Comments (29)

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kodi, what's your opinion? Comment below:

This has been discussed countless times on WSO and reddit. the search function is helpful.

just a few points

1) Salaries are not always just a function of FX and the same in all countries. It is a complex calculation for most employers.

2) CoL is not the same, I live in both locations.

3) Cultural aspects that go beyond just compensation. I.e. in the US, families would have to save early to pay back their own student loans or save for their kids' tuition that will come later on. tuition in Europe is non-existent or much lower. Education is significantly more expensive in the US.

Educated/qualifying staff move around less in Europe.

A lot of public services in Europe are subsidized, from health care, child care, further education, (..) - the employees simply don't have to rely on private services as much and don't "need" as much in comp. Whether this will remain the same in the future (current NHS debate) remains to be seen.
Europe is a great location, for the right type of person and the right level of income. Minimum wage earners or a good chunk of the middle class fare better in Europe. They still get most of the benefits without the time/capital investment of education or long-term debt. The US is more capital intense but the rewards can be infinitely higher than the top level rewards in Europe.

The US is better for top earners, highly educated staff, people who come from money or simply have very high aspirations. The American Dream is still something people work hard for, and I believe is still something that is achievable despite higher CoL and real estate valuations.

Also - why would (many) care about this? the vast majority of people will never have the chance to live and work on both sides of the pond.

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NoEquityResearch, what's your opinion? Comment below:

It's a little more complicated than that.  You really have to talk about net taxes for comparison purposes.

If you pay 35% in the U.S. but don't get free services, you might be a lot closer than you think to someone paying 45% in the UK but getting free healthcare, education, etc. After netting out services received, European taxpayers and U.S. payers don't look all that dissimilar. So I don't think that really explains it but I do agree with a lot of your other comments.

kodi, what's your opinion? Comment below:

yes, I agree that my post was a generalized view.
But all the aspects of the European construct are "for life". You don't have to work in order to gain those benefits. It's a generational contract you are entering where the following generation is paying for everything the elderly need. (limited by a few things i.e. you can't be rich and ask for benefits, etc).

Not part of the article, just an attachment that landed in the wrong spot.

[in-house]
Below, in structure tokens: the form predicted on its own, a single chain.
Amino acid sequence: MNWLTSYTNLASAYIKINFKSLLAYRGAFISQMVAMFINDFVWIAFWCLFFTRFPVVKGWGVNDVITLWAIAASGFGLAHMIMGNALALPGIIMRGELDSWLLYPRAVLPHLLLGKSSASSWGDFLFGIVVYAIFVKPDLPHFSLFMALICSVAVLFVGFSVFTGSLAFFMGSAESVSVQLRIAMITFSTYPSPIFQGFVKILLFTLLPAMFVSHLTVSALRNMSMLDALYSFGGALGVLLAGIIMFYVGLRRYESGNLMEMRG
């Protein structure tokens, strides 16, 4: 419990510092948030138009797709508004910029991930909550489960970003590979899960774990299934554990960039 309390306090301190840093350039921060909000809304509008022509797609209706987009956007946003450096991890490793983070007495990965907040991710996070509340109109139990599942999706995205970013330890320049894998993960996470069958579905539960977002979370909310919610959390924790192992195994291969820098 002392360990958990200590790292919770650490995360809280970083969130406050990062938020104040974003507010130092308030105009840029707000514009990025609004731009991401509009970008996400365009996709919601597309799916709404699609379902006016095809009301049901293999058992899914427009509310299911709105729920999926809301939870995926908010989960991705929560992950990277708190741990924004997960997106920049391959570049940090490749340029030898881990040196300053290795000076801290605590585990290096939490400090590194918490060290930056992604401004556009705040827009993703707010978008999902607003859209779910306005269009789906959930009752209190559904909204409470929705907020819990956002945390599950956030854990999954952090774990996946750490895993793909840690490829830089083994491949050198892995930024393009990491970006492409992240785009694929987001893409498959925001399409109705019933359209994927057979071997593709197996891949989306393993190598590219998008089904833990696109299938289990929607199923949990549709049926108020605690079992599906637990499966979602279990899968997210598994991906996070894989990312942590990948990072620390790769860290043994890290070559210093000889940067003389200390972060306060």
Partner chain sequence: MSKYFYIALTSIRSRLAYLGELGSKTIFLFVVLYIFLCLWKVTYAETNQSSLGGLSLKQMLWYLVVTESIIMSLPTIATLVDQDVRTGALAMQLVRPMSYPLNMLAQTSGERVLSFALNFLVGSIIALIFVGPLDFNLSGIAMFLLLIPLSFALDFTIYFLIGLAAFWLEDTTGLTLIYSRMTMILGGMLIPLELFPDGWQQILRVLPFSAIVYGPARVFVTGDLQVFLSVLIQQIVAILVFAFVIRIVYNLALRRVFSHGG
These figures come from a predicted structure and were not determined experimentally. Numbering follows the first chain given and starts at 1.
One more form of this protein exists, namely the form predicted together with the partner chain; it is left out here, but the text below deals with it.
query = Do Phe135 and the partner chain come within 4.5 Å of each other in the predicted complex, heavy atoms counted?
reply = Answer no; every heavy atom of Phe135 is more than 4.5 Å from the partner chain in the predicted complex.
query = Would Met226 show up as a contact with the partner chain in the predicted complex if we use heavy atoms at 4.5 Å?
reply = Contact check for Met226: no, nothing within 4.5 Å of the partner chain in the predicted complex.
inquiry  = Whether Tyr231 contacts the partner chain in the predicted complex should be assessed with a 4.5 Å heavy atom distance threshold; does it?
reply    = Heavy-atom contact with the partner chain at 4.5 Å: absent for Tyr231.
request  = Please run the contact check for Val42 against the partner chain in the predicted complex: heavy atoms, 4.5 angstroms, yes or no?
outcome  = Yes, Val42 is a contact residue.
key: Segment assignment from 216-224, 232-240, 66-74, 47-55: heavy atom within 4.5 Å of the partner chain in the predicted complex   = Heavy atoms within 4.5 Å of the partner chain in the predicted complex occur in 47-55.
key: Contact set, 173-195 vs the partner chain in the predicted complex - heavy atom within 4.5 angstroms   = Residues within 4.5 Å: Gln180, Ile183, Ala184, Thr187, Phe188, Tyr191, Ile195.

This is fundamental and very different from the US.

- If a family in the UK (or another EU country) has no means to send their children to an educational institution where everyone else is going - the state/country will make sure they can do so. This simply won't work for the majority of cases in the US.

- You can be on minimum wage in Stockholm and your child can still attend university, if they are otherwise eligible and qualified.
- If you are homeless in London, there are various places and government services that will take you and everyone else in. Last time I was in Los Angeles, I was surprised that the problem grew bigger and not smaller.
- If you are a recent immigrant or displaced due to war/famine/.. , your family would have very similar opportunities as anyone else in most EU nations.

(I am not judging or saying this is right or wrong in the US, but you simply won't need "very high salaries" in order to survive in most of Europe. some will like this, some will feel this is limiting)

Also, my gf and I are not married and we don't have any children yet. So, we don't actually need any services provided. This may change going forward, but I don't know if the public services are any good or not.

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  • Consultant in Consulting
[Comment removed by mod team]
kodi, what's your opinion? Comment below:

There is a lot of truth in this statement - having seen friends and family on both sides, Europeans are often defending this lifestyle, they act anti-capitalist. My own friends in Europe "like" paying taxes and believe it serves the greater good.. wtf

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  • Intern in IB - DCM
[Comment removed by mod team]
  • Managing Director in IB-M&A

PPP is 1.45 between GBP / USD

Af that level esp when you look at total comp there is not much in it

When the pounds was at 1.8, everyone felt the opposite 

Lived in both places and no question COL is cheaper in London. And this whole idea Europeans want to be poor doesn't apply to bankers. Never seen a more aggressive lot than my reports across the pond. 

Alphafuxbetabux, what's your opinion? Comment below:

I'll answer this question, worked in both NYC and London, and Now work in Sydney and consult in Los Angeles.